On March 20, Boomerang Therapy Works closed its downtown Vancouver location for in-person appointments and switched to telehealth visits, citing safety concerns due to COVID-19.
But not long after that virtual shift happened, some patients began to see their health deteriorate. Boomerang co-owner JJ Flentke said it was particularly challenging for those with Parkinson’s disease or those recovering from strokes.
Boomerang offers physical therapy, occupational therapy, group exercise and guided exercise programs for baby boomers, seniors and people with neuromuscular disorders.
That’s why Boomerang decided to reopen in May, with plenty of precautions and new rules in place.
“We had to open back up. Our patients were declining rapidly,” Flentke said. “You could see people falling apart.”
As much as virtual appointments can help provide a stopgap, Flentke said the challenges of providing care through technology were at times overwhelming to staff and patients. Initially, there were some problems getting insurance companies to OK telehealth, and the confusion just caused more troubles.
“The stress was terrible,” Flentke said. “Our people weren’t doing well, and we weren’t able to help them right away.”
Now that Boomerang is back open, Flentke said, patients and staff are wearing masks during appointments, sanitizing equipment, screening for symptoms and limiting the amount of staff and patients in the building at one time.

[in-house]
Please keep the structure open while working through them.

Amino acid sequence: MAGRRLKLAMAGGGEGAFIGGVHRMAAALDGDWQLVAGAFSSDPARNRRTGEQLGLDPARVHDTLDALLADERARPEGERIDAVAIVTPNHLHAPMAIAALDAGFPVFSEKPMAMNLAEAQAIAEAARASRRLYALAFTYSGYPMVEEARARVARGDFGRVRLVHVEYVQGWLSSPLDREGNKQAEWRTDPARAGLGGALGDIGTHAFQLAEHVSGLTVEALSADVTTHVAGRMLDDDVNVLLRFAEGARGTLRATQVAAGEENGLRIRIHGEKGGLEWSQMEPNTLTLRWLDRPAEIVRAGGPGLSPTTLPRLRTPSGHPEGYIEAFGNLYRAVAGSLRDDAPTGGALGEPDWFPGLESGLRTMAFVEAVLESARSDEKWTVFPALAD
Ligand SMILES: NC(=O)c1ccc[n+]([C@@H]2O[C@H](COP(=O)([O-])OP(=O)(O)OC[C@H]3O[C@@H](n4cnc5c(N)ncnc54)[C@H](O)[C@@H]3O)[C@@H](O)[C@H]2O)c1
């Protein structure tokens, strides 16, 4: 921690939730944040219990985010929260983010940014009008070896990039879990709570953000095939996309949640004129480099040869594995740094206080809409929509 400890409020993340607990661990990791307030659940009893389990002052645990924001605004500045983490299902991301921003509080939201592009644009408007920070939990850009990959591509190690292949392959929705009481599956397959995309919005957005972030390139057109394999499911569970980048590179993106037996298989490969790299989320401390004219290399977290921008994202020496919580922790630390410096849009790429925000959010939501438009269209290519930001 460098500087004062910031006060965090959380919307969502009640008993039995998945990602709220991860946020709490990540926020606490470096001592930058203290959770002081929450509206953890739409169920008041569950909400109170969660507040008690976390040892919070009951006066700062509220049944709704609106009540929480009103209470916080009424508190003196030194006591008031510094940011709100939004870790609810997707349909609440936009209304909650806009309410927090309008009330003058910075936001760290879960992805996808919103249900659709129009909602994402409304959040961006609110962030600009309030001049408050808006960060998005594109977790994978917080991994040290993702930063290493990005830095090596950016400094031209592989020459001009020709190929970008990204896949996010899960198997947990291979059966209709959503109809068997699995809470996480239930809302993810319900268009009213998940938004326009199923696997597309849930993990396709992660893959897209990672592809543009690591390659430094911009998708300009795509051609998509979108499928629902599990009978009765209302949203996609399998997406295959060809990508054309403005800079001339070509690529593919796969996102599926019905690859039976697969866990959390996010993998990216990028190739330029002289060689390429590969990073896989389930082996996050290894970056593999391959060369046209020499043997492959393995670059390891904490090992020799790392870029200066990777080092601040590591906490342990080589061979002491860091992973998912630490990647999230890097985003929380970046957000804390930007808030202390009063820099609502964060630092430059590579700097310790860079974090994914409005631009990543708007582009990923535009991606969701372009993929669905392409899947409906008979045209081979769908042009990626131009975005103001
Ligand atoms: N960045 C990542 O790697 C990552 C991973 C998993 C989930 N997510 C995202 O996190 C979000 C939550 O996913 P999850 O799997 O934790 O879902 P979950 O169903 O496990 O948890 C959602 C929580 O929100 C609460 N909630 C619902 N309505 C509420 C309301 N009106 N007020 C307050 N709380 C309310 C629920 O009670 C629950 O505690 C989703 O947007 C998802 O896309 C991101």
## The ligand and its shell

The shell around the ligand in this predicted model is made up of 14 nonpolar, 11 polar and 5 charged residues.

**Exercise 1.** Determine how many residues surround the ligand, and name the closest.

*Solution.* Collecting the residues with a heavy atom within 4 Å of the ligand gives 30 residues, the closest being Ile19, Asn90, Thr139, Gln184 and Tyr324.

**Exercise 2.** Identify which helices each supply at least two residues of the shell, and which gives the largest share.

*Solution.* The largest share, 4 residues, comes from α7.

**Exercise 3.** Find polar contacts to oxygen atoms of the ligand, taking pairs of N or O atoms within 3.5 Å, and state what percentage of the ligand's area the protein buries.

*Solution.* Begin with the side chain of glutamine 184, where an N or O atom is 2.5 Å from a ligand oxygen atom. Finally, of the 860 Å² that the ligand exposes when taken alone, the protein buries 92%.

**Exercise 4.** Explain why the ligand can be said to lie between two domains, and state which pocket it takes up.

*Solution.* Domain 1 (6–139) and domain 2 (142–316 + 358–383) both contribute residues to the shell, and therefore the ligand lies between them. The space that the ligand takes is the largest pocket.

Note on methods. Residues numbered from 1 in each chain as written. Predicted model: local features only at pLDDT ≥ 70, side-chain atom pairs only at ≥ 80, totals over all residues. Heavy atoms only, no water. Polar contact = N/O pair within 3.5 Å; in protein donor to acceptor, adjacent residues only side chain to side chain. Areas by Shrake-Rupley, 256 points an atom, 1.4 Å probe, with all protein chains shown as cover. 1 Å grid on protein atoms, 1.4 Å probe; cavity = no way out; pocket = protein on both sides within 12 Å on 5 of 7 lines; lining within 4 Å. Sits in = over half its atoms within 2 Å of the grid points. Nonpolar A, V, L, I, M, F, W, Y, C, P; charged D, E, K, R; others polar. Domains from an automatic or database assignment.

Some patients are still using telehealth, which is running smoother now, while others have needed and wanted to return to in-person visits.
Nancy Warren, 71, has been going to Boomerang for two years, after she was diagnosed with Parkinson’s disease. Warren, a Vancouver resident, likes the camaraderie at Boomerang and said it’s a “fun and encouraging” place to receive care.
Warren’s balance has improved since she joined Boomerang, and Warren has not seen regressions in her health. She was worried about that happening when in-person visits temporarily stopped. Warren is pleased with the safety precautions now in place.
“It’s the one thing that prevents my Parkinson’s from progressing,” Warren said of physical therapy.
Scott Hougan, a 58-year-old Ridgefield resident, is recovering from a stroke he had last year. Hougan first went to Boomerang not long before they had to close because of the pandemic. He said he normally got excited to visit his therapist, and was disappointed when in-person visits ended.
The stroke damaged the left side of his body, and he’s learning to walk again. Hougan, who mainly uses a wheelchair now,wants to regain some of his independence.
Recently he’s been able to take a few steps.
“It’s a small start, but it feels like a big start to me,” Hougan said.
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